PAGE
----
True confession: I bought a new curling iron last week because a magazine told me to. I was bored with my hair, and now that I'm using this new curling iron, I think it looks better. I realize this makes me a participator in consumer culture, and I'm OK with that.
We're an aspirational culture. We're always looking to find easy, quick ways to improve our lives. I think that's one of the main reasons we pick up consumer lifestyle magazines. Callouts promise us quick weight loss, better finances, more beautiful skin and hair and better fashion sense. The good ones deliver, if even in small ways, and the not-so-g00d ones don't.
I believe that we also read consumer magazines is to discover solutions to everyday life challenges. I love helping readers discover those solutions. I think that's one of the main reasons I'm so passionate about this field.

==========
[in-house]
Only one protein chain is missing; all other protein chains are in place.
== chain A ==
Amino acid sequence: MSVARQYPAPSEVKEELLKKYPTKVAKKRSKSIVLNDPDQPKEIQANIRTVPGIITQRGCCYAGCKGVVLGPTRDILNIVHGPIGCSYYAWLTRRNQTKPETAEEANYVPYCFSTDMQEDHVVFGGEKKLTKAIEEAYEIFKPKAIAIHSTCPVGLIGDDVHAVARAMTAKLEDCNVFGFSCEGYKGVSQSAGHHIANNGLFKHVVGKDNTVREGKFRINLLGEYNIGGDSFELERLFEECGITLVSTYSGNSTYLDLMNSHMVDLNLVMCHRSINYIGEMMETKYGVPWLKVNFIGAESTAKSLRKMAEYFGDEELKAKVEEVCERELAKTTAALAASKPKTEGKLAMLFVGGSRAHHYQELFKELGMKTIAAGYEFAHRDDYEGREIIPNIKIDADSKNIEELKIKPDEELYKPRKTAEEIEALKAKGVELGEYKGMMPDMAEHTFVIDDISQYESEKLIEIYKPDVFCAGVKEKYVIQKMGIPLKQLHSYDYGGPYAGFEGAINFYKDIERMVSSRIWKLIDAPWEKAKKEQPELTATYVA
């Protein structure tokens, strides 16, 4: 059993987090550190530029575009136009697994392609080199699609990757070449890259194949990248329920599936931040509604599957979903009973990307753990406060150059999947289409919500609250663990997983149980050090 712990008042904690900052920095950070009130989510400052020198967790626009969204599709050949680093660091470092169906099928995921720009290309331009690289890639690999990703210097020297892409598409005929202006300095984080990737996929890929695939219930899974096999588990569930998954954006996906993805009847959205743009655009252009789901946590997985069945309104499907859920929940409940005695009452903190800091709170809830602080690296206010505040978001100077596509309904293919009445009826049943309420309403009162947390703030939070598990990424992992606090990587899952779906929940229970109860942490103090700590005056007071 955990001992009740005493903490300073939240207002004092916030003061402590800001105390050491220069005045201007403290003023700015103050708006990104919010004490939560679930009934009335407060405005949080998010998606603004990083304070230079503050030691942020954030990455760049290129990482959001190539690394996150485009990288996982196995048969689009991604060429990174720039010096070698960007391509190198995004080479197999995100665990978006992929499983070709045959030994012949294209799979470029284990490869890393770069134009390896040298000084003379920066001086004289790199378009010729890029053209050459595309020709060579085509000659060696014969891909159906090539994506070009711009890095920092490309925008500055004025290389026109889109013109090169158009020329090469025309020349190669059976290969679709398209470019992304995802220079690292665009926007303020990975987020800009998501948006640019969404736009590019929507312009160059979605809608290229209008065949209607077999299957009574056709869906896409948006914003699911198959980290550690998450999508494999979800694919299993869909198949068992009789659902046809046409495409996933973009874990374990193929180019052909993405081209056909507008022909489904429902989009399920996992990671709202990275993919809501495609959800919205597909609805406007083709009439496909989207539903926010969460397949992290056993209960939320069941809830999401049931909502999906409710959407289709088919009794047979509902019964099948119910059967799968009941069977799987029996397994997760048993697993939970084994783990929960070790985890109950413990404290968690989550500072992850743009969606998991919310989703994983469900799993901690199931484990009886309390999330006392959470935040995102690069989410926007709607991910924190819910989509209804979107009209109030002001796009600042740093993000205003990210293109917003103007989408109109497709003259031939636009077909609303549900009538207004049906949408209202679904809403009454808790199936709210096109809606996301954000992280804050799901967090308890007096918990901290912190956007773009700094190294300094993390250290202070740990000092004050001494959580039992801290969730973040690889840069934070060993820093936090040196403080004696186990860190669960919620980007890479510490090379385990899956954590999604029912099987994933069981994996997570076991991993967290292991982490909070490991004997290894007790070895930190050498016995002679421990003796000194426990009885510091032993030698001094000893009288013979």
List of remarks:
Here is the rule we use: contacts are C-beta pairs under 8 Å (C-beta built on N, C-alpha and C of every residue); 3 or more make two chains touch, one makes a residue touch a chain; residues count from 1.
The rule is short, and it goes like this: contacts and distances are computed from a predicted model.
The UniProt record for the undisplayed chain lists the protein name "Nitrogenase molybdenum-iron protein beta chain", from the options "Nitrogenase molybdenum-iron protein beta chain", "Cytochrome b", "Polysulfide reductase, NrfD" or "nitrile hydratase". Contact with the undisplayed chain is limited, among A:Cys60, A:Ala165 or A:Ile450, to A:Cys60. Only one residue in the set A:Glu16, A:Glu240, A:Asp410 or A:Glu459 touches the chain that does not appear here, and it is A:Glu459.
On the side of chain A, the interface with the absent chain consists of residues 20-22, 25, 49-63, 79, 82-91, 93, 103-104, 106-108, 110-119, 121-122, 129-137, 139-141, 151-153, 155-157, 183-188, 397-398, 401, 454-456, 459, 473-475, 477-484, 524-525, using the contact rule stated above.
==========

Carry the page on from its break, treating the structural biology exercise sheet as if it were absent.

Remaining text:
That's also why I'm so excited for the October issue of Military Spouse magazine. As a military spouse, I know that our particular group faces a specific set of challenges as a result of our partners' occupations. They can loom large (deployment, combat stress and PTSD, life and limb-altering injuries, marital strain due to extensive deployments) and they can be more "everyday" (frequent moves, new social situations, new communities). I love that MilSpouse seeks to help spouses deal with these types of challenges in its pages. I wrote two such stories (on the more everyday stuff), one involving multipurpose furniture, and one having to do with "giving back" to a community even when you've just moved there. Along the way, I got to speak with a young army wife who runs ultramarathons and a navy wife who has become an integral part of the success of the United Way. I sincerely hope MilSpouse's readers enjoy these stories as much as I enjoyed writing them.